Masdar City: A City Laboratory Open to the WorldUpdated on 12.27.2021
10 min read
Masdar City is a paradox. Despite having virtually no residents and no real urban culture, it has already set its sights on achieving world city status, attracting researchers and businesses and spreading its technological innovations to other regions around the globe.
© Karim Sahib / AFP - At the edge of Masdar City, one of the solar photovoltaic farms that powers this life-size laboratory in Abu Dhabi.
Of the seven constituent emirates of the United Arab Emirates (U.A.E.), Abu Dhabi boasts the most extensive resources. Fifty years ago, Abu Dhabi was nothing more than a small town of just 3,500 people. Development kicked off once seawater desalination techniques had been mastered in this arid coastal region of the Gulf. The emirate has since opened up to the world. Fully 88% of the population is now made up of foreign-born residents, including international experts and engineers and above all poor migrant workers from the Indian subcontinent.
This background makes it easier to understand how Masdar City, an unusual “eco-district”, sprung up in the Abu Dhabi suburbs. Named after the Arabic word for "source", Masdar City owes its existence to a combination of faith in technology (the reason for the country's success), a determination to replace hydrocarbons with renewable energies and to diversify the economy thanks to a " Valley of energy", and an ambition to become a testing ground for new energies, as well as an international investor.
In April 2006, Abu Dhabi’s ruling family announced the creation of a “model” new city, designed to be “zero carbon”, “zero waste”, “zero fossil fuels” and – wherever possible in this desert region – based on the circular economy. The city is expected to have some 50,000 residents (including 40,000 foreigners) and 1,500 businesses in an area of 6 square kilometers by the end of the 2020s.
For the time being, Masdar City is still mostly empty. But it has started to deploy some breath-taking architectural innovations, such as a "wind tower" that captures hot air from higher altitudes and draws it down through mist generators to deliver cool air at street level. Other solutions include buildings with solar-panel-packed rooftops and plastic-film-covered facades, narrow streets styled on traditional Arabic cities to offer protection from the sun and channel the breeze, and an underground transportation network of driverless podcars guided by magnetic rails.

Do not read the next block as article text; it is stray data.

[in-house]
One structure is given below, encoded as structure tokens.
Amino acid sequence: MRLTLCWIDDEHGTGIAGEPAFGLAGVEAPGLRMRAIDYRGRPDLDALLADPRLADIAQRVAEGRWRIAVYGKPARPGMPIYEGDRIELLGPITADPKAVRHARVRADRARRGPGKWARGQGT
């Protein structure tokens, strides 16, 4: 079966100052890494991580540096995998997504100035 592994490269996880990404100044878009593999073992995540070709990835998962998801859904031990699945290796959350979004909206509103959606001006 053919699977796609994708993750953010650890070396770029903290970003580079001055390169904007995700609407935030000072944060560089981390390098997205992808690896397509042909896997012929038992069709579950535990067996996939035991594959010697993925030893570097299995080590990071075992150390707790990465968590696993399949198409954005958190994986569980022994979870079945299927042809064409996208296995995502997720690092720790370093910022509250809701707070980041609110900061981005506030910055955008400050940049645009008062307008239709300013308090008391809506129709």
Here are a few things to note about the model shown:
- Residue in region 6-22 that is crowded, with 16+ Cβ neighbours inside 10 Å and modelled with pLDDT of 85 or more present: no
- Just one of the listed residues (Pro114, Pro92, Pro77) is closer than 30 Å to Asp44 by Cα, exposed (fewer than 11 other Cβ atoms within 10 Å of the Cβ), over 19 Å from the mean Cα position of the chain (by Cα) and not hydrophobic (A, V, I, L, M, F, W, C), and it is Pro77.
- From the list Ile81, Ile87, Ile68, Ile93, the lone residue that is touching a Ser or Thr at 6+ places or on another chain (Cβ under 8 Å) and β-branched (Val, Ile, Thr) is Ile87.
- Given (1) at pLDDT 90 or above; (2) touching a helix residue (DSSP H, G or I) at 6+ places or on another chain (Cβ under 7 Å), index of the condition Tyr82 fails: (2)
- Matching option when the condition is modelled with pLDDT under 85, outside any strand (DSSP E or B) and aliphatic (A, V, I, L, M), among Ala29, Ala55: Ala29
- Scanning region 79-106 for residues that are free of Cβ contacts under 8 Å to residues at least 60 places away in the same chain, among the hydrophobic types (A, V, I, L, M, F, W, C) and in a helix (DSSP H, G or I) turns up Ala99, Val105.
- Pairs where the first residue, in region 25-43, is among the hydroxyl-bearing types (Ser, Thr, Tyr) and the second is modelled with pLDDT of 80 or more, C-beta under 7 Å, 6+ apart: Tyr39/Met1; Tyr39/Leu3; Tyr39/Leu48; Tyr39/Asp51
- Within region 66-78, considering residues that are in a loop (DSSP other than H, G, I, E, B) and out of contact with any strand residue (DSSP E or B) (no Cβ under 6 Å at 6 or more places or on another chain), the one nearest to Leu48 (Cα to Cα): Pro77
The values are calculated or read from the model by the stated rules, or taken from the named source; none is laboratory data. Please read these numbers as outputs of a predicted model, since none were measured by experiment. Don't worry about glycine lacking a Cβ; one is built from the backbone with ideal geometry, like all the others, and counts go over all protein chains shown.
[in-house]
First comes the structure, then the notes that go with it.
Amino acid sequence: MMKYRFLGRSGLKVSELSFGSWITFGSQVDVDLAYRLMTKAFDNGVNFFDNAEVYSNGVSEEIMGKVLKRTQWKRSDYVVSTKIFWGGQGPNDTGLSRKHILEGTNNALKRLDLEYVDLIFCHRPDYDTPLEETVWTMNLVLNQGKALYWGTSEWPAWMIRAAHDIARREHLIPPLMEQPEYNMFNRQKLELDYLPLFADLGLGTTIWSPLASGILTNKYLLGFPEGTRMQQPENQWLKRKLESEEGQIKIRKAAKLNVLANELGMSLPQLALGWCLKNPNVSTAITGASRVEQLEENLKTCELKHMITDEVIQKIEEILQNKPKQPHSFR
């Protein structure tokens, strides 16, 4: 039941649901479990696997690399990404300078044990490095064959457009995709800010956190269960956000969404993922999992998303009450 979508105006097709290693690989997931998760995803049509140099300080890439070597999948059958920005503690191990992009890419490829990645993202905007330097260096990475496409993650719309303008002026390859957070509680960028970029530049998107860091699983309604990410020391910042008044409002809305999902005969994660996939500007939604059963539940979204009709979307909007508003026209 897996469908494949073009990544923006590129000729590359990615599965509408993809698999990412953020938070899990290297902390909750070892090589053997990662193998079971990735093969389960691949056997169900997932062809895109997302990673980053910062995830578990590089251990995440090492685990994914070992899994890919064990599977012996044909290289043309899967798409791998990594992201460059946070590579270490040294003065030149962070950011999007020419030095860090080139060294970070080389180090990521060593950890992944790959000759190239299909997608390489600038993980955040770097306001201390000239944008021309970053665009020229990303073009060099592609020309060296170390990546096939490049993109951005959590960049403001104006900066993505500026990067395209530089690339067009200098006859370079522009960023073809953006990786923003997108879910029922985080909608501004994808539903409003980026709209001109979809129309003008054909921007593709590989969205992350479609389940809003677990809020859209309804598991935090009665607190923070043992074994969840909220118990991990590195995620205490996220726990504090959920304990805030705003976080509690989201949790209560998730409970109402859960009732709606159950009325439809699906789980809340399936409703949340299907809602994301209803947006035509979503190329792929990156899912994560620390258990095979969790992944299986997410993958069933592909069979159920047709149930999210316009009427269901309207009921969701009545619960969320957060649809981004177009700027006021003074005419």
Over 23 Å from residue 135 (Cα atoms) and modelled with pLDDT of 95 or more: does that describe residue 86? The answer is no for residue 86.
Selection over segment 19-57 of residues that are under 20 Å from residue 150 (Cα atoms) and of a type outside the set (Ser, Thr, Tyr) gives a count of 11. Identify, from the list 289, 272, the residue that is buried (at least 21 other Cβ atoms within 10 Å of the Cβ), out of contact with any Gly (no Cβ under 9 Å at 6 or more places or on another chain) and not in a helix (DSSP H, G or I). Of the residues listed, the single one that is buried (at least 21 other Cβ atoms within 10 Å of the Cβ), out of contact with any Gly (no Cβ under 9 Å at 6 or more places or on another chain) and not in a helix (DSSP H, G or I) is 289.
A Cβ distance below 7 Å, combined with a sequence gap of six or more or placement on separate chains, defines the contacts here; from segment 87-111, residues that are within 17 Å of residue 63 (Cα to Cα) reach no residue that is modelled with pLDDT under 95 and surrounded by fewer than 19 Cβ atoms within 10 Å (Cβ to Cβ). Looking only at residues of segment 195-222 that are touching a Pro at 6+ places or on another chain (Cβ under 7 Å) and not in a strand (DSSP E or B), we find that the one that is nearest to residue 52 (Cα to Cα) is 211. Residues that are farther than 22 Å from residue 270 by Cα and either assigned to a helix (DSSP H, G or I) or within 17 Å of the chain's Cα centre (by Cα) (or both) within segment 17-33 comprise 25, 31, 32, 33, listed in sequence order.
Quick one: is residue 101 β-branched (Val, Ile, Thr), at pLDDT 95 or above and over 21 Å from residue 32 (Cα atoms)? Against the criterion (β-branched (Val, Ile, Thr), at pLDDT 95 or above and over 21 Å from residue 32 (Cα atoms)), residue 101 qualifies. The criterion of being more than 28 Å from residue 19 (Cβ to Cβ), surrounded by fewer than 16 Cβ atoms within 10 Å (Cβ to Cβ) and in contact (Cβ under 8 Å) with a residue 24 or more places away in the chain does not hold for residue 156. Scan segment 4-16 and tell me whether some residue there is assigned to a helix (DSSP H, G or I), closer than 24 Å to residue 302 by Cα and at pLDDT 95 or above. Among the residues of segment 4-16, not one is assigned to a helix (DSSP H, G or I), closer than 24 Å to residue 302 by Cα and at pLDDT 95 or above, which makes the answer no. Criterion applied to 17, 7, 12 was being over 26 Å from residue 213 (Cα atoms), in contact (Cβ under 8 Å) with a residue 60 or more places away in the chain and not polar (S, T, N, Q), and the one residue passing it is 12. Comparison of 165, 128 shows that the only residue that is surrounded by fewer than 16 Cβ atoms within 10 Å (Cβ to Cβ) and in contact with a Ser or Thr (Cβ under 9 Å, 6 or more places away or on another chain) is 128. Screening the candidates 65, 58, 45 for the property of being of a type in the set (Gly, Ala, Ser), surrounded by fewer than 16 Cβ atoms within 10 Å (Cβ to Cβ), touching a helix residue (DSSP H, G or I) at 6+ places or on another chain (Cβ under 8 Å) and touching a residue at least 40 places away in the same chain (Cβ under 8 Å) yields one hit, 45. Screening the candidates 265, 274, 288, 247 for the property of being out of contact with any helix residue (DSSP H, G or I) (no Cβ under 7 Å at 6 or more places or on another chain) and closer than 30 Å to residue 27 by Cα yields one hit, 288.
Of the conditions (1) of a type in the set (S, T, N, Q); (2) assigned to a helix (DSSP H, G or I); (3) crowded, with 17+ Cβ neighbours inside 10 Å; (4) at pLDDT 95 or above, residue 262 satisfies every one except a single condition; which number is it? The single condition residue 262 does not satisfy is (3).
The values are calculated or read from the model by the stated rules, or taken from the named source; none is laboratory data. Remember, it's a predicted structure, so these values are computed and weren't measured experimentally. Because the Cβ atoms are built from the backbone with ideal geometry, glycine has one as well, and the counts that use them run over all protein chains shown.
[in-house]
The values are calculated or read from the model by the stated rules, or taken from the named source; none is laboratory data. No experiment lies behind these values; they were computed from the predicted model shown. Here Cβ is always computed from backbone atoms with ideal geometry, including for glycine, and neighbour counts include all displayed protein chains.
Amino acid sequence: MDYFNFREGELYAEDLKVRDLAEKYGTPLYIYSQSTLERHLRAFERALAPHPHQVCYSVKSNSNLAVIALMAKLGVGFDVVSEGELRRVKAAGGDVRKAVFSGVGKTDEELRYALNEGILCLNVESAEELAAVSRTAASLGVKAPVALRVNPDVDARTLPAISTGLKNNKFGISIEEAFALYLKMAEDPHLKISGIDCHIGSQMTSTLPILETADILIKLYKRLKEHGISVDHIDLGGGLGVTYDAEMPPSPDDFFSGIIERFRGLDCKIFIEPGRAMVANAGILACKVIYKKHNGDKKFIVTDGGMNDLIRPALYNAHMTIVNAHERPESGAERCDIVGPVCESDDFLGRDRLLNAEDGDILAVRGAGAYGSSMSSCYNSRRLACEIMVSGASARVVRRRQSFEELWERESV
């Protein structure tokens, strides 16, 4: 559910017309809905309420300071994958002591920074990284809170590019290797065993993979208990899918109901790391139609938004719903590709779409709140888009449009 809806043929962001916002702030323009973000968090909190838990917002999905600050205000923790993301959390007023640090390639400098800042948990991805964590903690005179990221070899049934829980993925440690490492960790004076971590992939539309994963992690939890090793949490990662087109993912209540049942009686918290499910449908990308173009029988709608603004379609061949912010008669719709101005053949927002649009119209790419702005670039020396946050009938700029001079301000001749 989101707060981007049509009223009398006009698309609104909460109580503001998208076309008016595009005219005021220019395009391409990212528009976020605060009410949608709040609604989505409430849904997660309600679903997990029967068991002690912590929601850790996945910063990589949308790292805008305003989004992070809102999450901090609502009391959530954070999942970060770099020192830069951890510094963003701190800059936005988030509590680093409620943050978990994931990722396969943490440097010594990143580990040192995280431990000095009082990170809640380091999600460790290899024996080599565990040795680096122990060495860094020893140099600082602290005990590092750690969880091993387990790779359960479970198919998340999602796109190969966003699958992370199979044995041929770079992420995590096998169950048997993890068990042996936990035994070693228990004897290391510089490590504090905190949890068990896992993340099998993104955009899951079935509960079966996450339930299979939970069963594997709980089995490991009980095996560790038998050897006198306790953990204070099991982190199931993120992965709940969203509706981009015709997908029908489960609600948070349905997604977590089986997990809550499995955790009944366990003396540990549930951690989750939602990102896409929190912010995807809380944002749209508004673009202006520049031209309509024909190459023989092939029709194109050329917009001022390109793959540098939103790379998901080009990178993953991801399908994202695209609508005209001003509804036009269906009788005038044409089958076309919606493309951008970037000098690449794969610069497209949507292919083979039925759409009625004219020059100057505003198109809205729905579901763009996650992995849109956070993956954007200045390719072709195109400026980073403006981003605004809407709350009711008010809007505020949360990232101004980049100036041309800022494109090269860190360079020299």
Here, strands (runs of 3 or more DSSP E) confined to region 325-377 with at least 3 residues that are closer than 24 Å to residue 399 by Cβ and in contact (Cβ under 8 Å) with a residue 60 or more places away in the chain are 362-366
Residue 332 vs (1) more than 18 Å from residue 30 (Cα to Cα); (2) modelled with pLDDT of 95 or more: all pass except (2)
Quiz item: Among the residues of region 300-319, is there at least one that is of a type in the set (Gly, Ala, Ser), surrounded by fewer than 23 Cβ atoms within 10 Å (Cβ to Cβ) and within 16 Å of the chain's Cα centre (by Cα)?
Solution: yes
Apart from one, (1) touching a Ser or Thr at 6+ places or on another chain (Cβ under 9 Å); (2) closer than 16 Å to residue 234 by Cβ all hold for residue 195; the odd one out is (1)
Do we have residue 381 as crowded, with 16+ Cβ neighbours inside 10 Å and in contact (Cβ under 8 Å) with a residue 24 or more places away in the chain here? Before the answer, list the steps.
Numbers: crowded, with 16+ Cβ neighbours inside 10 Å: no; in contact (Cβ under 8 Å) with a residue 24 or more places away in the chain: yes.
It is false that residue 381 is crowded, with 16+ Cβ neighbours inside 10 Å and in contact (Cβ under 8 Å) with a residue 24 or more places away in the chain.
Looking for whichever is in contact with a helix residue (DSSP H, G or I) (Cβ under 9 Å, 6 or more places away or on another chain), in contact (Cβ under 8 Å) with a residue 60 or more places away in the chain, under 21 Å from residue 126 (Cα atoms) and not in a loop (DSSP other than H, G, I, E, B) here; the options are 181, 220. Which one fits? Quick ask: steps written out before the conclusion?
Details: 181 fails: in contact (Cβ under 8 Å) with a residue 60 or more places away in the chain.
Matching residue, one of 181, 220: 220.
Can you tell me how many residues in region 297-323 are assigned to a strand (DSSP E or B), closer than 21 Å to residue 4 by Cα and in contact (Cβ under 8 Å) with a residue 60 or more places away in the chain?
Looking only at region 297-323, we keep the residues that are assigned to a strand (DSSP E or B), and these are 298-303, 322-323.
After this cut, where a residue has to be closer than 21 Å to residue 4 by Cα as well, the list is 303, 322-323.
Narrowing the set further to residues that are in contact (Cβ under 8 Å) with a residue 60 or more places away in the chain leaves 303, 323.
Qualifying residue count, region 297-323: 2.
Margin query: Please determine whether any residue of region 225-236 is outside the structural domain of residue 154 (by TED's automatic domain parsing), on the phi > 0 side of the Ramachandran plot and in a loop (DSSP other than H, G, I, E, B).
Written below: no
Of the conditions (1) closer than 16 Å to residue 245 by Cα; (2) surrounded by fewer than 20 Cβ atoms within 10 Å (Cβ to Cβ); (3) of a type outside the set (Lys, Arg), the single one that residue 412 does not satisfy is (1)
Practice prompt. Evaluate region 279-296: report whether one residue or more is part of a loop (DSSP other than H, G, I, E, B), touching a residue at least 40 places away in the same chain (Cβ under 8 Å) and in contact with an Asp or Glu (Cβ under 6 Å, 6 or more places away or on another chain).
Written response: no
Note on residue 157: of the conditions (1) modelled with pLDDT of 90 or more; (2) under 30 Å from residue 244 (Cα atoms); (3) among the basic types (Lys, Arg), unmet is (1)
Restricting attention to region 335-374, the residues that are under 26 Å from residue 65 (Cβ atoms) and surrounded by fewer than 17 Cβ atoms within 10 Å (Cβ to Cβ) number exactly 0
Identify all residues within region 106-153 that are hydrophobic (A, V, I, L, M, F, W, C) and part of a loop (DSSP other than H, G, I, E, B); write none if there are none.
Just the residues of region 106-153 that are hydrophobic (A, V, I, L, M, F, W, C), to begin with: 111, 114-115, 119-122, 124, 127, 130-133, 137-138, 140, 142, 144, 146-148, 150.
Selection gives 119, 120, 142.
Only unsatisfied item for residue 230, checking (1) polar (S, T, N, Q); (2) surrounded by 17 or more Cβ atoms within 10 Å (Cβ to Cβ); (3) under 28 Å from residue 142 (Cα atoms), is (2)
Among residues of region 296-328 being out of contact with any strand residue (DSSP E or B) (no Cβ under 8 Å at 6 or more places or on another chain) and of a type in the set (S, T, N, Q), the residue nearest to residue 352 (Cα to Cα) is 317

The main idea behind Masdar City, however, was to be open to the world. To this end, three symbolic institutions have already set up base in the city:
- The Masdar Institute of Science and Technology (MIST), which aspires to become a world-class university for new energies. Developed in cooperation with the Massachusetts Institute of Technology (MIT), it already hosts some 300 students and researchers.
- The headquarters of the International Agency (IRENA), an intergovernmental organization that brings together some 170 countries and benefits from the active involvement of the European Union.
- The Middle-East headquarters of German conglomerate Siemens, which Abu Dhabi hopes will eventually be just one of many large multinationals.
Masdar intends to invest in advanced technologies, including thin-film solar panels in Germany, thermal solar systems in Spain and wind farms in the United Kingdom’s Thames Estuary. Within the emirate, Masdar has invested alongside TotalEnergies and Abengoa Solar to build the region’s largest concentrated solar plant, Shams 1.
Some Masdar units focus on carbon capture and storage, while others still are looking into how to recycle waste and reuse wastewater for irrigation, with a view to developing the technologies in Africa.
In 2021, the United Arab Emirates even launched a project to produce drinking water “from thin air”, by capturing moisture in the atmosphere. Powered by solar panels, the “hyper-dehumidifiers” would be installed in Masdar City.